The Washington Post (which I’ve started reading since I was interviewed for it) has a four page feature on storage unit auctions out today. It’s obviously written from a light-hearted perspective, overlaid with a touch of cynicism and fatalism about consumer culture and the current economic climate, but I couldn’t help feeling like I was reading a kind of apocalyptic vision, of small bands of survivors roaming the wilderness eking an existence from the contents of abandoned storage units. The article builds that atmosphere a little, by reminding us occasionally of America’s straitened situation, and also with cute exaggerations like this:

What Americans pay to store their junk is about equal to the gross domestic product of the west African nation of Burkina Faso. The industry added a billion square feet of storage space between 1998 and 2005, with 8,694 facilities opening between ’04 and ’05 alone.

Such data, extrapolated imaginatively, herald a future dystopia wherein self-storage space outnumbers all else, and America is little more than row after row of quiet closed units containing saggy mattresses, rusty ironing boards and boxy computer printers from the 20th century.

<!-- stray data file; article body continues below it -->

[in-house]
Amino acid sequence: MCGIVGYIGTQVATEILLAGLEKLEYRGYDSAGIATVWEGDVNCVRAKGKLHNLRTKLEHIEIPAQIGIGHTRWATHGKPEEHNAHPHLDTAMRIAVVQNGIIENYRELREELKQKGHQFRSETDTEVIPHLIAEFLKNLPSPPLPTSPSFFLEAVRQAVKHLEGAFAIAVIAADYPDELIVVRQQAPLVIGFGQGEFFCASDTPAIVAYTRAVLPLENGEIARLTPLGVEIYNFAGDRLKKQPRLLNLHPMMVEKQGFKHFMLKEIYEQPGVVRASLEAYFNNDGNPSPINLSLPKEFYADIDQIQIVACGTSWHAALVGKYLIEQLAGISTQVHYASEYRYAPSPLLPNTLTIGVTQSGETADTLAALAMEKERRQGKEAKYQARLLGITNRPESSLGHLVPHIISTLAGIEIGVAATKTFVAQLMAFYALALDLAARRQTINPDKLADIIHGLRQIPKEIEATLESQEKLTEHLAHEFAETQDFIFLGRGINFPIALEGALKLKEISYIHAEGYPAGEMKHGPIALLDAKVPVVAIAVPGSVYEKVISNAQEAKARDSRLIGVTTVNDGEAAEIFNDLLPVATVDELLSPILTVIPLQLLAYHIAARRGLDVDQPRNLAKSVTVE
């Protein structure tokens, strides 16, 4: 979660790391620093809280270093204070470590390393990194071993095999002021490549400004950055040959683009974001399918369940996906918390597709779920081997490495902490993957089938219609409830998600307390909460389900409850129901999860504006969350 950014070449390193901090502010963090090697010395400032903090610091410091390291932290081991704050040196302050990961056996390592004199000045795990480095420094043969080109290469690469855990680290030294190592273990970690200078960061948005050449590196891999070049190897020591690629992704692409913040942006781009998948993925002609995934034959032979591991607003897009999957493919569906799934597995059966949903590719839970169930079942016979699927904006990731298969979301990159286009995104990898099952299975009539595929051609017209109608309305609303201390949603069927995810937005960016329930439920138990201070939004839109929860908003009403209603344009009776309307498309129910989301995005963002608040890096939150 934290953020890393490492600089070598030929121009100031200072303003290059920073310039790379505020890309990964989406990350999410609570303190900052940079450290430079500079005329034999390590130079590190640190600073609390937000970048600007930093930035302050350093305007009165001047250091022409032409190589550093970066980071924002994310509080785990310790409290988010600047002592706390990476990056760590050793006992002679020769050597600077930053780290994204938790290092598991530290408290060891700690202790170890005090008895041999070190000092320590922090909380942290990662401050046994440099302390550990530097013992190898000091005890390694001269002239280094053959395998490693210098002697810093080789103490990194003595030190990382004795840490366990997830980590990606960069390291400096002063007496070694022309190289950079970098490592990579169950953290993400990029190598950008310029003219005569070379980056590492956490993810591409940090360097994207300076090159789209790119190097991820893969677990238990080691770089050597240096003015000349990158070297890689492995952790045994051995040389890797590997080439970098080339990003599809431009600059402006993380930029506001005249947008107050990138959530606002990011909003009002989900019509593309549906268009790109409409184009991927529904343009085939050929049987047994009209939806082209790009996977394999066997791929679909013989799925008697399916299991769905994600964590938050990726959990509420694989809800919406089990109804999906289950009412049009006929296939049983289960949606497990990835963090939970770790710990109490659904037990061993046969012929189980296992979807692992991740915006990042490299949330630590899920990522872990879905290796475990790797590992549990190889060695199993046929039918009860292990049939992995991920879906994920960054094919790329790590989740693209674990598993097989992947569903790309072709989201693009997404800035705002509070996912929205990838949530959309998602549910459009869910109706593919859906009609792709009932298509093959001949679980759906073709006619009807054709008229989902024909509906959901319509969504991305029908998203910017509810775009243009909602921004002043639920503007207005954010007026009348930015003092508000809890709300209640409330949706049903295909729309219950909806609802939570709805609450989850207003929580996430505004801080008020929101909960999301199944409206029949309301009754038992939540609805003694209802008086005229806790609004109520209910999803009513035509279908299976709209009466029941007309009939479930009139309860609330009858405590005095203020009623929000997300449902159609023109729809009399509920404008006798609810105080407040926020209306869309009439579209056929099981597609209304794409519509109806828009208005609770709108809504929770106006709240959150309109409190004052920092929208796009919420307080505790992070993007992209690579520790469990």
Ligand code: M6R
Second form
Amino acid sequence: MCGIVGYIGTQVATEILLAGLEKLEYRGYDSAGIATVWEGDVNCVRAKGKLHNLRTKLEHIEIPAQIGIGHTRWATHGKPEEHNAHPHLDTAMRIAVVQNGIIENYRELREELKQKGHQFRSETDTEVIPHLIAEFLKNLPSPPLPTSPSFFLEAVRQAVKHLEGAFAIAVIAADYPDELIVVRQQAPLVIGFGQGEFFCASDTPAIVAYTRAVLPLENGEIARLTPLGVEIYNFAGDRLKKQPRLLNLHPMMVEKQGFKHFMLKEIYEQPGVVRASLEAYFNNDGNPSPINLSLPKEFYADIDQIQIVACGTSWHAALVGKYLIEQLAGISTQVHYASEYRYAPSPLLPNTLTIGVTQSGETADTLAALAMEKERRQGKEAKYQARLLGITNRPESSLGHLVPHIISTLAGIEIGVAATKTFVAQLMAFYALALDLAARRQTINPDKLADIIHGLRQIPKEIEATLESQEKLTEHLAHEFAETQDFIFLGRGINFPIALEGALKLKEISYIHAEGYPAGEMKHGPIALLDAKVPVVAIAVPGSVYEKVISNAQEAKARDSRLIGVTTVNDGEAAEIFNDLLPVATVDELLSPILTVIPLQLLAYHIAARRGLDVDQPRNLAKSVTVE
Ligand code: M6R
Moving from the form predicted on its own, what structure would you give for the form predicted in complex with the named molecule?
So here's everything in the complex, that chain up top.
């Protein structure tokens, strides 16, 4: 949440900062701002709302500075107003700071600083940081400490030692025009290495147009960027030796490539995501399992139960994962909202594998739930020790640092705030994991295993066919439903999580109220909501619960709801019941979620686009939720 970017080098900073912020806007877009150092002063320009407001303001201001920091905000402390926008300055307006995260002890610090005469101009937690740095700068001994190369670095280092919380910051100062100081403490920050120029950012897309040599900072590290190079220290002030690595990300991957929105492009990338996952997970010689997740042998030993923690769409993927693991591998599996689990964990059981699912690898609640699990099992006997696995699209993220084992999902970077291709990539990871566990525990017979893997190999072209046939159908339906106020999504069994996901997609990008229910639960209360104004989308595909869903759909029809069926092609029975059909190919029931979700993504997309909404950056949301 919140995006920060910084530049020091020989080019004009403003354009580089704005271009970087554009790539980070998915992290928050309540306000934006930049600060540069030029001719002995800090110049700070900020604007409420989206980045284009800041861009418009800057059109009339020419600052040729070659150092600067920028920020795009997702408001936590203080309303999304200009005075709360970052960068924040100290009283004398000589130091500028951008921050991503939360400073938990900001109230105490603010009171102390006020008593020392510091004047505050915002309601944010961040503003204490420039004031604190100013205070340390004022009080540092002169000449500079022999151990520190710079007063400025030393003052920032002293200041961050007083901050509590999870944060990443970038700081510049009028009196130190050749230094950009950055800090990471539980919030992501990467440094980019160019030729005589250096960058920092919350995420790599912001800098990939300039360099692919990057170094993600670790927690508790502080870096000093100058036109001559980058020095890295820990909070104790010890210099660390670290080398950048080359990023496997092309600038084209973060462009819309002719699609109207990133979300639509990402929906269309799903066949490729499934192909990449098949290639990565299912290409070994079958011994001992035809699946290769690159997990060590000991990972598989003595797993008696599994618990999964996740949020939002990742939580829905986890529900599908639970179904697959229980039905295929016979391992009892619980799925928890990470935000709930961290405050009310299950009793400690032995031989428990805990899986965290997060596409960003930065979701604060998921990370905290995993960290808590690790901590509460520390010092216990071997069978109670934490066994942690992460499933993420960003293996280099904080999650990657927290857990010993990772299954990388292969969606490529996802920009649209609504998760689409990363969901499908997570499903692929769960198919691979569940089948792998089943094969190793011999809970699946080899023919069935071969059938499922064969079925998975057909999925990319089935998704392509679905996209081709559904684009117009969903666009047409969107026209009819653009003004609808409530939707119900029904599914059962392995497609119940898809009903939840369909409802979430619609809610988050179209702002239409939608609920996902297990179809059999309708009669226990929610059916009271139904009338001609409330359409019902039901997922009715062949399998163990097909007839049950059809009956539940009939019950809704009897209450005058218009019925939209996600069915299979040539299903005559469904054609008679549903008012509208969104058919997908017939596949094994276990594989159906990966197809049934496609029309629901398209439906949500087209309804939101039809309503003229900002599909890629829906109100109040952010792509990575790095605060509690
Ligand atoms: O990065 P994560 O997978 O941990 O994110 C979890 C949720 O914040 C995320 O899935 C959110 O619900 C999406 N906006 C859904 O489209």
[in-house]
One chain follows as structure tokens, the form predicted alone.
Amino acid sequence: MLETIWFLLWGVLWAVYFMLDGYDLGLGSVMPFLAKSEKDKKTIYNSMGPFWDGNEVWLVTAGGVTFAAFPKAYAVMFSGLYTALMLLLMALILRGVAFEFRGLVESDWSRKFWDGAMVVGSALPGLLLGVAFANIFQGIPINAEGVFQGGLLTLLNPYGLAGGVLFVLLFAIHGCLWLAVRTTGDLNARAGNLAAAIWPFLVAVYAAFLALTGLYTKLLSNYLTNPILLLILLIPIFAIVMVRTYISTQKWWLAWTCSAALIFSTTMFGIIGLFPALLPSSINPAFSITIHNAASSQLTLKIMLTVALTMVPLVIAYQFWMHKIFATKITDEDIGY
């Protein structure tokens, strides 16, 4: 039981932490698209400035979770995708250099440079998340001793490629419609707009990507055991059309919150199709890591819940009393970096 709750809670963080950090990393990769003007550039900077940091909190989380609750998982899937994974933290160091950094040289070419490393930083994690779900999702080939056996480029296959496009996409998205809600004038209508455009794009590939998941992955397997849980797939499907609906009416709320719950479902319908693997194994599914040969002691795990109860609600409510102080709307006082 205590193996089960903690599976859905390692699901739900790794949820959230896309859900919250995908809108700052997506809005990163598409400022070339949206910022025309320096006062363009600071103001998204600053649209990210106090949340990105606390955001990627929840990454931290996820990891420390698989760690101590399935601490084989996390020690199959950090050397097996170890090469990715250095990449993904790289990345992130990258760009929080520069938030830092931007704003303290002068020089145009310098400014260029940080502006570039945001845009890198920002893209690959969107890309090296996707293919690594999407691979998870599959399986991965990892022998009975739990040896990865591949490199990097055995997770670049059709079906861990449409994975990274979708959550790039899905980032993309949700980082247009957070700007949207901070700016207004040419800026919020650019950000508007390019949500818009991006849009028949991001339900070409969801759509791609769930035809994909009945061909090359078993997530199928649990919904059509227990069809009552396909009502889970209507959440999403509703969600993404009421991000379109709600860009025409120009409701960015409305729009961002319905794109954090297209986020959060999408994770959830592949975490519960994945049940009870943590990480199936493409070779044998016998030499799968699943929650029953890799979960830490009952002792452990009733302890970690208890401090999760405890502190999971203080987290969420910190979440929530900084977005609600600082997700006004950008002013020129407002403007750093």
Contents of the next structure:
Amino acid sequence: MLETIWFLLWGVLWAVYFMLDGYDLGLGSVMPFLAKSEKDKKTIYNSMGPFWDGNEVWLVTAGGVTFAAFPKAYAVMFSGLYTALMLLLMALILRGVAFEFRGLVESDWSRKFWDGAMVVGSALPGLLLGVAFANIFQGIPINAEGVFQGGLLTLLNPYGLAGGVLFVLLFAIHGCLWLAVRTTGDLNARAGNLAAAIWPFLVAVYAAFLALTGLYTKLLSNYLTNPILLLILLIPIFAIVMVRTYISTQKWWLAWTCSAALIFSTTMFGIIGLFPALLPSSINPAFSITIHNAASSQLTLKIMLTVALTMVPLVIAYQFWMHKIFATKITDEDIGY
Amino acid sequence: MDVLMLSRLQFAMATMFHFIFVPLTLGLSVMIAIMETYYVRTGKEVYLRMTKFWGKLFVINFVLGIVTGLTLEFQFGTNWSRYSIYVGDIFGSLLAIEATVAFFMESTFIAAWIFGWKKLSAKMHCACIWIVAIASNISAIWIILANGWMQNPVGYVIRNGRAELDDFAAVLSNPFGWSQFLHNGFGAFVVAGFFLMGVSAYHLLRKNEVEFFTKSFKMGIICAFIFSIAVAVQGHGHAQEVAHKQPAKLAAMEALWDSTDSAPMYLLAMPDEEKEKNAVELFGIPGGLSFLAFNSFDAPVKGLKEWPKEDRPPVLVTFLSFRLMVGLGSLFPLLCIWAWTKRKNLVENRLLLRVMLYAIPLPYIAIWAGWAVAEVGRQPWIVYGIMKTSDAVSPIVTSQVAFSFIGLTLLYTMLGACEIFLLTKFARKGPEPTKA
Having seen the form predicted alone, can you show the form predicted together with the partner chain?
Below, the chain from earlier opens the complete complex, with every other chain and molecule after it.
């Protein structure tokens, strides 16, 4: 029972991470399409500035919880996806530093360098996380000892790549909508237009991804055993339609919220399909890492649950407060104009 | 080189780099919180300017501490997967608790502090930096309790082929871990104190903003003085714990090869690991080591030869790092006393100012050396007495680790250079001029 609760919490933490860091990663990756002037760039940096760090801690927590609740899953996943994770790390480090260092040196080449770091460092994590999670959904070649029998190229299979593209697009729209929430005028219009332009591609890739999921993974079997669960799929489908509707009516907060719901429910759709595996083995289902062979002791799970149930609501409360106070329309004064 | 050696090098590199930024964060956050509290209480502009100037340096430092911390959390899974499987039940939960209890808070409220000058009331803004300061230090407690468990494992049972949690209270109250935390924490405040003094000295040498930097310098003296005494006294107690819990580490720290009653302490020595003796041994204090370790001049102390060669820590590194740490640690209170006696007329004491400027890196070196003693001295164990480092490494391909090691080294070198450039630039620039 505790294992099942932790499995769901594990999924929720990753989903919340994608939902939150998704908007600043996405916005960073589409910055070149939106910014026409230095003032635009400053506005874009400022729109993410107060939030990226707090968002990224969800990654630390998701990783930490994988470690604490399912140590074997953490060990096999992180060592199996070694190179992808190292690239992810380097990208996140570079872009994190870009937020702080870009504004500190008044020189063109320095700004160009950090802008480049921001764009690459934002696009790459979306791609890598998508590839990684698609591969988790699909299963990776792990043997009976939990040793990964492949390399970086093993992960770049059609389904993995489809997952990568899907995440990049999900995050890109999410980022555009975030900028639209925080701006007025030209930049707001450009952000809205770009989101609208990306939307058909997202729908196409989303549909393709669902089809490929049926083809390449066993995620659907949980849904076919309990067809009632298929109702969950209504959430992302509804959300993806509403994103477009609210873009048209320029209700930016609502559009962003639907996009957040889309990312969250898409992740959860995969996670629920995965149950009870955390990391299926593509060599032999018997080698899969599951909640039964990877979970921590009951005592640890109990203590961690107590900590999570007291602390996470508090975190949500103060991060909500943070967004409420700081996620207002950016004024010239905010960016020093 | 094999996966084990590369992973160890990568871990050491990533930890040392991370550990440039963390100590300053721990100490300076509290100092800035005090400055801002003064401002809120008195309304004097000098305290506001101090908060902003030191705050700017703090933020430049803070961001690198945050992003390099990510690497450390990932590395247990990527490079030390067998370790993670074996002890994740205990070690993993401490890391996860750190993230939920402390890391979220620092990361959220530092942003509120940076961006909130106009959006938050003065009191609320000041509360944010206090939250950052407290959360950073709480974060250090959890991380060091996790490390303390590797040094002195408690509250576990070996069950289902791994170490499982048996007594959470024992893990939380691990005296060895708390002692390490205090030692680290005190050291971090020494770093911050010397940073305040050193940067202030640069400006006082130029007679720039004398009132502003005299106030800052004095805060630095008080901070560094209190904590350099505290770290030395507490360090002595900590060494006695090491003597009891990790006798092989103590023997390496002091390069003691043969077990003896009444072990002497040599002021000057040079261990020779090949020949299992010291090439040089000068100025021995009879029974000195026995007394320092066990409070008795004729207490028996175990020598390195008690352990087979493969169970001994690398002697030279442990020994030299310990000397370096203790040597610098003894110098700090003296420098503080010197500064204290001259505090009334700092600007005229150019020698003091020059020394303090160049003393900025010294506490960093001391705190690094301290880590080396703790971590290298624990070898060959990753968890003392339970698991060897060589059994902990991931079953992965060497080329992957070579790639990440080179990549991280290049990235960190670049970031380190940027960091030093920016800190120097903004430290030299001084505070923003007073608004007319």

The cast of characters in the roaming auction also sounds like something from apocalpyse fiction – the guy whose retirement nest egg is composed entirely of gold jewellery recovered from storage auctions, and this guy, Tony Harris, who tells the reporter that

in the early ’70s, he was indicted with six other Catholic radicals (dubbed “The Harrisburg Seven” by the media) for allegedly plotting to kidnap then-national security adviser Henry Kissinger in order to force a peaceful resolution to the Vietnam War.

Off the set of Born on the Fourth of July and onto the set of Storage Wars … how’s that for an apocalypse-scale fall from grace?

Even the illustration accompanying the article has a feeling of a group of adventurers uncovering a loot pile – if you replaced the torches with lanterns and the wheel in the foreground with a pile of gold, you’d have an illustration from a range of classic gaming manuals. It’s a weird post-modern adventure game of free-booting, exploration and tramp trading in a world of abandoned treasure houses, mostly filled with junk …